Wednesday, August 5, 2009

Listening to the Wrong Docs? Maybe So

The text for this sermon is a blog posting on the website:’s-doc

This firm recently sponsored a conference for drug reps and their handlers, Sales Force Effectiveness USA 2009 (see previous posting, Not having $2295 for the registration fee burning a hole in my pocket at the time, I elected not to register for the conference, so I'm glad that Lisa Roner has posted about a panel discussion among practicing physicians that occurred there.

Ms. Roner tells us that these 5 physicians on the panel had a point of view quite different from what most of us have been reading about lately, and from the pontifications of various medical organizations. These docs are thrilled to spend time visiting with reps. They highly value the information and materials that reps provide for them. They appreciate shortcuts given how busy they are, but getting rid of reps or diminishing Pharma influence over their practice is the last thing on their to-do list.

Roner suggests:

When asked why their attitudes toward reps and their usefulness seemed to differ from so much from what we hear from professional medical associations today, one participant explained that most of the boards that state positions on such matters are populated by academic MDs, whose perspectives and available time for researching new information on prescription drugs is different than that of practicing clinicians.
It was interesting to hear that the organizations that claim to speak for physicians perhaps don’t really represent the views of those truly serving patients....
In short, although they had some suggestions for improvement, this was not a group that appeared to want to distance itself from pharma or its reps. In fact, it was quite the opposite . These doctors saw value in what pharma and its reps have to offer. Funny that’s not what we hear in the media or from the political lobby. Have we been listening to the wrong “doctors?”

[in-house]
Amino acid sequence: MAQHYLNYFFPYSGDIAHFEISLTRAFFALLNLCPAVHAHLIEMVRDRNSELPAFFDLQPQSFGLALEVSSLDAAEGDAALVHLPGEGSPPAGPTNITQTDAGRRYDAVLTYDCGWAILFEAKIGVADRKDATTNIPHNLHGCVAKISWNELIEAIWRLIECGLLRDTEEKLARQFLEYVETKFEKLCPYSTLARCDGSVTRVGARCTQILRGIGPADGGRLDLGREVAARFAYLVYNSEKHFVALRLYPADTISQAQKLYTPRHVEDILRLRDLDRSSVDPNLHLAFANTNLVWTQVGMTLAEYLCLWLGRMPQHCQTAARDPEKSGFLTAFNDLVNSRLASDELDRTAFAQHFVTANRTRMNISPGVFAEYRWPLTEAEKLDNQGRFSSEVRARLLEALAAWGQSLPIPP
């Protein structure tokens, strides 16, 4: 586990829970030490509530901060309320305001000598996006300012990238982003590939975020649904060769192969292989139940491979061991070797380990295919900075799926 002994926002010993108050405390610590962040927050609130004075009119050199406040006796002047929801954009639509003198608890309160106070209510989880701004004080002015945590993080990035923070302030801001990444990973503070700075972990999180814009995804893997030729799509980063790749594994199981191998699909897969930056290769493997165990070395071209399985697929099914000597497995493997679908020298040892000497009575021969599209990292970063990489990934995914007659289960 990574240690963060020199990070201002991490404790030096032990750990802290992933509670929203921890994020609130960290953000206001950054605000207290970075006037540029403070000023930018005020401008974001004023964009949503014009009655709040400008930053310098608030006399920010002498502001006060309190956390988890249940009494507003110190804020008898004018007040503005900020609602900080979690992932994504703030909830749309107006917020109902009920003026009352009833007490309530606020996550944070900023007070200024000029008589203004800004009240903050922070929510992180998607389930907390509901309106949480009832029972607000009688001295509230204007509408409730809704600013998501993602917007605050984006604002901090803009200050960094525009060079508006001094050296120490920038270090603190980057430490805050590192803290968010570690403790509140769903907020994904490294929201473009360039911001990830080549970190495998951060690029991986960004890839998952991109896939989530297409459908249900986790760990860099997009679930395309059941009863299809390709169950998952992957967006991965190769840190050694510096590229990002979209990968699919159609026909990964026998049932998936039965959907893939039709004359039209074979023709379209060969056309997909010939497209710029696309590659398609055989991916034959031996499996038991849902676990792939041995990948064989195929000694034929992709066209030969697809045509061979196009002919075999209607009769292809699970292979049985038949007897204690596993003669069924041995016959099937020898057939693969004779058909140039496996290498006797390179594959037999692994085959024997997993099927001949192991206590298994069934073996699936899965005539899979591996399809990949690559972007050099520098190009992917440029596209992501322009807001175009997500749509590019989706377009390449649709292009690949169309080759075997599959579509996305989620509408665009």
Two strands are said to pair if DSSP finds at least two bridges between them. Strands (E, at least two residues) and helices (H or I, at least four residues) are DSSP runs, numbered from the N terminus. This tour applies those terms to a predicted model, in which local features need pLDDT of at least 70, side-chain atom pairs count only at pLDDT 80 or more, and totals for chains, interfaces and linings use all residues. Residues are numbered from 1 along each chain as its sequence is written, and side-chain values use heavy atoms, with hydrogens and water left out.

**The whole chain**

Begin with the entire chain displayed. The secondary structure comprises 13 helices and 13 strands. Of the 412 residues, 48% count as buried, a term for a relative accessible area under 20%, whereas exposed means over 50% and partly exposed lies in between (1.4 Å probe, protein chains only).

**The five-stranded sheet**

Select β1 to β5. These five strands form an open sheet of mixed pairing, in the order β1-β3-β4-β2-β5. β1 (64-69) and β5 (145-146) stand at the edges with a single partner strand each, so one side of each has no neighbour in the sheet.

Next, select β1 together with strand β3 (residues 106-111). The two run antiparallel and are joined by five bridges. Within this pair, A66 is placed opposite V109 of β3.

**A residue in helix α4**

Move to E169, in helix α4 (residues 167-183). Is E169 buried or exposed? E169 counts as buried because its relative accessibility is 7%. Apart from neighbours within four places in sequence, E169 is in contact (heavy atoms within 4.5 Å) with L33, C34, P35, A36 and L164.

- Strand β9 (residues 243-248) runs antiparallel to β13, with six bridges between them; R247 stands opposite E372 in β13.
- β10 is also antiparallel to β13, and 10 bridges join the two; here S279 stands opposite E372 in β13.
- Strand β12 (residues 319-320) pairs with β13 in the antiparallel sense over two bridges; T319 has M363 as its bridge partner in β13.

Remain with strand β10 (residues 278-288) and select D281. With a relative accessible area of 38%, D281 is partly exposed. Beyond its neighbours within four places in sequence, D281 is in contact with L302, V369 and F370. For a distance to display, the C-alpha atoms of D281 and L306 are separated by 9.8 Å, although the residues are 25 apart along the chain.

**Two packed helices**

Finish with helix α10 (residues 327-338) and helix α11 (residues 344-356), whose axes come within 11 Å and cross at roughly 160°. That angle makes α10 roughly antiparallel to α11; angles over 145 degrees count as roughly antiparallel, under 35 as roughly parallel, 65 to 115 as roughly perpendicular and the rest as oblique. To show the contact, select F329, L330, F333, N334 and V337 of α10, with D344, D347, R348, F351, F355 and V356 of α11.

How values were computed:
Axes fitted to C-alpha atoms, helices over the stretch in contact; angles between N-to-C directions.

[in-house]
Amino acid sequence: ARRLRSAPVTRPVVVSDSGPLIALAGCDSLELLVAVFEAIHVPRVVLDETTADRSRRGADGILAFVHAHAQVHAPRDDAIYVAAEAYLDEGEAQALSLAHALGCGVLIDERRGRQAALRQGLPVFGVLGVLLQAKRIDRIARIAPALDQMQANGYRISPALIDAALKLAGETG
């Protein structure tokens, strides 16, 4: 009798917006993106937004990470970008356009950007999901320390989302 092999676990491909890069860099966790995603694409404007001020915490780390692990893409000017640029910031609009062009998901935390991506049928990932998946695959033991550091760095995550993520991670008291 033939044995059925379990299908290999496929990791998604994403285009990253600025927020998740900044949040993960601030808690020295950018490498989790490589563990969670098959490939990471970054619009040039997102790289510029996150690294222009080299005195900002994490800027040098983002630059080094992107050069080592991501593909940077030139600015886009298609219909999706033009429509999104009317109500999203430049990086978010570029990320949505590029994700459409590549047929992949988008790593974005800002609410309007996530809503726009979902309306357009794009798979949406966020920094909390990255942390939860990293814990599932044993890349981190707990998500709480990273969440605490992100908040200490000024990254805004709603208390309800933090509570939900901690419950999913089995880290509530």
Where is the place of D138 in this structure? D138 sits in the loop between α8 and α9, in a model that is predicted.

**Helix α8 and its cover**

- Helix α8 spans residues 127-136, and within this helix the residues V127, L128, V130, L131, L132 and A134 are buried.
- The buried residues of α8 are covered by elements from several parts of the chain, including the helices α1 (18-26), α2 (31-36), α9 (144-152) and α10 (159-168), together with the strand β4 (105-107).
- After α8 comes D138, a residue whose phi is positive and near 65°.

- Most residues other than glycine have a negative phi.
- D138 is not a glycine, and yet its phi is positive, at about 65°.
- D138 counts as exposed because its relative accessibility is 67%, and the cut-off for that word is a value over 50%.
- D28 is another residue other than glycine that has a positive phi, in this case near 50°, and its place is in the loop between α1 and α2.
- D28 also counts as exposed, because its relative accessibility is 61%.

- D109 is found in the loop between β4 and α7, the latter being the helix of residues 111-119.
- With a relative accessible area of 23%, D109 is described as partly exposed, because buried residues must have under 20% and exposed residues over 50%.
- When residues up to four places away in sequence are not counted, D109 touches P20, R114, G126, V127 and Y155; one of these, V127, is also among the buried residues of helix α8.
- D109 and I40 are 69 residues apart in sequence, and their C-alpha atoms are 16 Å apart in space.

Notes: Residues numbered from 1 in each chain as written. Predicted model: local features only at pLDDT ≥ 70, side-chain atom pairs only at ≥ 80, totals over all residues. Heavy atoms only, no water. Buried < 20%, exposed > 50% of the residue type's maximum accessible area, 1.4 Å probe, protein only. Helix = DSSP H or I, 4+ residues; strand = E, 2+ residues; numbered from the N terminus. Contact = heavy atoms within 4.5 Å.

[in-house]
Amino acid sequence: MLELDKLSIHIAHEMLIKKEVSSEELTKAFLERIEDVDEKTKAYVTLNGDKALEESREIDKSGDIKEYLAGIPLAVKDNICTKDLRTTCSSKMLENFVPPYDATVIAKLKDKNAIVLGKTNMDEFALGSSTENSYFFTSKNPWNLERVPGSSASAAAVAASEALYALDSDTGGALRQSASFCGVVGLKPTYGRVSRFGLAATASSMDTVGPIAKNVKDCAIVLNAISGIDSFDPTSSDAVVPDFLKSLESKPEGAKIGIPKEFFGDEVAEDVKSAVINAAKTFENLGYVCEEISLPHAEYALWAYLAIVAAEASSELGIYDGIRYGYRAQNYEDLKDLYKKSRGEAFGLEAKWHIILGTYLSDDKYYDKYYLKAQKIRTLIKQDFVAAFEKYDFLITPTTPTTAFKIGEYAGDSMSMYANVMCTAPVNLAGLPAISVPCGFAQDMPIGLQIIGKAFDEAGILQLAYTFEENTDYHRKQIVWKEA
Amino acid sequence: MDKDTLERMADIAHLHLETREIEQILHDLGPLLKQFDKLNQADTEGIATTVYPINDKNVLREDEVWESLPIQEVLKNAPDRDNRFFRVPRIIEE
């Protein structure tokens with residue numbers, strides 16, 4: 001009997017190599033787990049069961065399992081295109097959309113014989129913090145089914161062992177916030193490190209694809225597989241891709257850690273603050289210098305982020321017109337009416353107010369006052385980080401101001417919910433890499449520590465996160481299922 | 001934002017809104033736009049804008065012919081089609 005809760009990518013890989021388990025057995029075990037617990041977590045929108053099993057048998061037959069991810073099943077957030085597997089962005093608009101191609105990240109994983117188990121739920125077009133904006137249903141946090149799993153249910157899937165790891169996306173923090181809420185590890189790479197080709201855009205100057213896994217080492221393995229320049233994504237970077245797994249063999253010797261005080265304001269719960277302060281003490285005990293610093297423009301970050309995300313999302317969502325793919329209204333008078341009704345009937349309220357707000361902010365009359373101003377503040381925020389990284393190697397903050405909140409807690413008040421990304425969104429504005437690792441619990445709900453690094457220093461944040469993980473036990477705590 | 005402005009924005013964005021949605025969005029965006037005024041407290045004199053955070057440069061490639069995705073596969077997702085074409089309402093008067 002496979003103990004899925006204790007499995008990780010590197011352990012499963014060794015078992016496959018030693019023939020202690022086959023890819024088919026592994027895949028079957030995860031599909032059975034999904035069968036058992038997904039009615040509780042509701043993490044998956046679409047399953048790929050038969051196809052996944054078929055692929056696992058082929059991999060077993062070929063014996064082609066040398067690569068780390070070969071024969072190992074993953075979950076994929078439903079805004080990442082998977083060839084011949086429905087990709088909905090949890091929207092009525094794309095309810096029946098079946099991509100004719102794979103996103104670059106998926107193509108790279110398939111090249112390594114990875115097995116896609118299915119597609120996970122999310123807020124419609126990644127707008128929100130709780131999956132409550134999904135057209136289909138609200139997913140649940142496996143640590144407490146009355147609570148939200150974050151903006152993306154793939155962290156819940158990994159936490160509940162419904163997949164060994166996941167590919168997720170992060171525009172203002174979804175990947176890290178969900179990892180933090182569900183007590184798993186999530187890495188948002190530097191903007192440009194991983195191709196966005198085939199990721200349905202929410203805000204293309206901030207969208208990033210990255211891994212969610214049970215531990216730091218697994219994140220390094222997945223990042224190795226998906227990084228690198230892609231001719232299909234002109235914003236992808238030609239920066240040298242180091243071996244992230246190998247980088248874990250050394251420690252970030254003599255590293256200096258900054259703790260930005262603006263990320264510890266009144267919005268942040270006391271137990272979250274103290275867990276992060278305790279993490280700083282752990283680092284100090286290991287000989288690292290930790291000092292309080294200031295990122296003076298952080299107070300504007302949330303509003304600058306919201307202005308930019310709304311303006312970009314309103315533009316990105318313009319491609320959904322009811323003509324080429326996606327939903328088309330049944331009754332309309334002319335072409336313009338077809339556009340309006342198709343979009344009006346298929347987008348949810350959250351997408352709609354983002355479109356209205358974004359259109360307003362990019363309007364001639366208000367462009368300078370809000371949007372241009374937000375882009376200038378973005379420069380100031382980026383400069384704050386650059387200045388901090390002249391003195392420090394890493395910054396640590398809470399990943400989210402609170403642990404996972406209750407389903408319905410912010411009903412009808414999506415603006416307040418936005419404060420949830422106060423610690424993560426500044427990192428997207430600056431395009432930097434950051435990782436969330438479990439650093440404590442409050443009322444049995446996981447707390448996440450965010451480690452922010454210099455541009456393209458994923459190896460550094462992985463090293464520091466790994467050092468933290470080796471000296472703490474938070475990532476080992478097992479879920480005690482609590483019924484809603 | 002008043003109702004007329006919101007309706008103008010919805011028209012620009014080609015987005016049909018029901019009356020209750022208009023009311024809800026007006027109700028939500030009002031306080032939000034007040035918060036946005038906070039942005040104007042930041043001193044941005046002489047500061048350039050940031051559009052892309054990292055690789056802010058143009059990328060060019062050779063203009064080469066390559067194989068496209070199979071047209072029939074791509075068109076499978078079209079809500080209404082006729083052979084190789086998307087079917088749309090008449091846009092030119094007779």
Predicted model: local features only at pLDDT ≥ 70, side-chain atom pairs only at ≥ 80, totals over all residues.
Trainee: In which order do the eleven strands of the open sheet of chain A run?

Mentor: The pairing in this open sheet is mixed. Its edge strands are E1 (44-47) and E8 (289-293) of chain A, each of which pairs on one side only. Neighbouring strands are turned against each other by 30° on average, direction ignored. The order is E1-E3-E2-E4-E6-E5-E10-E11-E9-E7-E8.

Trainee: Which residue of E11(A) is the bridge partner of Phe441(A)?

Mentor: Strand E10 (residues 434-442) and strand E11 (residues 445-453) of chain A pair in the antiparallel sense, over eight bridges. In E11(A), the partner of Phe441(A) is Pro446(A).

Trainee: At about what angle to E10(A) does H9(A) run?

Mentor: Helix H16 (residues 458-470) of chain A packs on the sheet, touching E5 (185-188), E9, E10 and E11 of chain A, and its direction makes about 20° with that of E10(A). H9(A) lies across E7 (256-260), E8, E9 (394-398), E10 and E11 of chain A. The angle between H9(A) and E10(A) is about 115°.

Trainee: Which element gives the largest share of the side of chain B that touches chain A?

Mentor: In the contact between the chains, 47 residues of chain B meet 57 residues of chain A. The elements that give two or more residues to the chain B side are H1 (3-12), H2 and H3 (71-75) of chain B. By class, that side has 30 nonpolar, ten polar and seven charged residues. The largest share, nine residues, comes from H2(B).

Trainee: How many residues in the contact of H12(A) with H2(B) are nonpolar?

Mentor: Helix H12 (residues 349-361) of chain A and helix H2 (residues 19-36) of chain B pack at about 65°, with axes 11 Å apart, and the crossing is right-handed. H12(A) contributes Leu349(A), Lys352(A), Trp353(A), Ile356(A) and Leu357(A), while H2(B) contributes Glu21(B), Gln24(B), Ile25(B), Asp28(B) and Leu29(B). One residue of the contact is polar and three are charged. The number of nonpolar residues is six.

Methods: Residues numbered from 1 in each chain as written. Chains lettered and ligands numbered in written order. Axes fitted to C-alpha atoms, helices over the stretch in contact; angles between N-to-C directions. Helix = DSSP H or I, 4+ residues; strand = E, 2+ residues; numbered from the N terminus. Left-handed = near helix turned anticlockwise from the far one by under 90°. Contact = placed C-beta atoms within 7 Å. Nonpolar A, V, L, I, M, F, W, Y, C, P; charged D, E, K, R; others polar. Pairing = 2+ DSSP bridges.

So-- just where did this much more representative group of doctors, who "truly" serve their patients (while academic physicians, apparently, only pretend to) come from? The post does not say exactly how they were chosen, except to say that the panel was moderated by Hank Parish, VP of Doctor Directory. Just what exactly is Doctor Directory? Business Week e-trade tells us:, Inc. operates as an online directory for finding a doctor by specialty. Its solutions include IncreaseRx, market research, eSampling, consumer email, physician email, eDetailing, custom directory, and advertising. The company also provides patients from online directory, cash for online research projects, online sample closet, and practice management advice to the physicians. It serves pharmaceutical prescription drug manufacturing companies, patients, and physicians.

I like that last part-- the company serves "pharmaceutical prescription drug manufacturing companies, patients, and physicians"--presumably in that order. So a group of 5 physicians selected by that outfit (presumably) is a more reliable sample of physician sentiment than what is said by major medical organizations?

Now, perhaps it does--perhaps the views of these 5 docs are truly more representative of the rank and file than anything I or the AMA or the AAMC says. That's why it's still important to recall a key fact about ethics--it's not a popularity contest. You don't get to say that something is ethical merely by putting it to a vote. Even if 90 percent of US physicians believe what these dudes said in their panel, it would not make it the ethically correct answer.

It would just make it a sad commentary on the state of American medicine.

(Thanks to Marilyn Mann for calling my attention to the blog!)

1 comment:

Dan said...

A very informative and insightful post.

Everytime I read that health care providers, prescribers, value pharmaceutical representatives, I end up laughing.

In the 10 years I was such a rep, the prescribers viewed us consistently as an interference, and far from a valuable asset to their own vocation.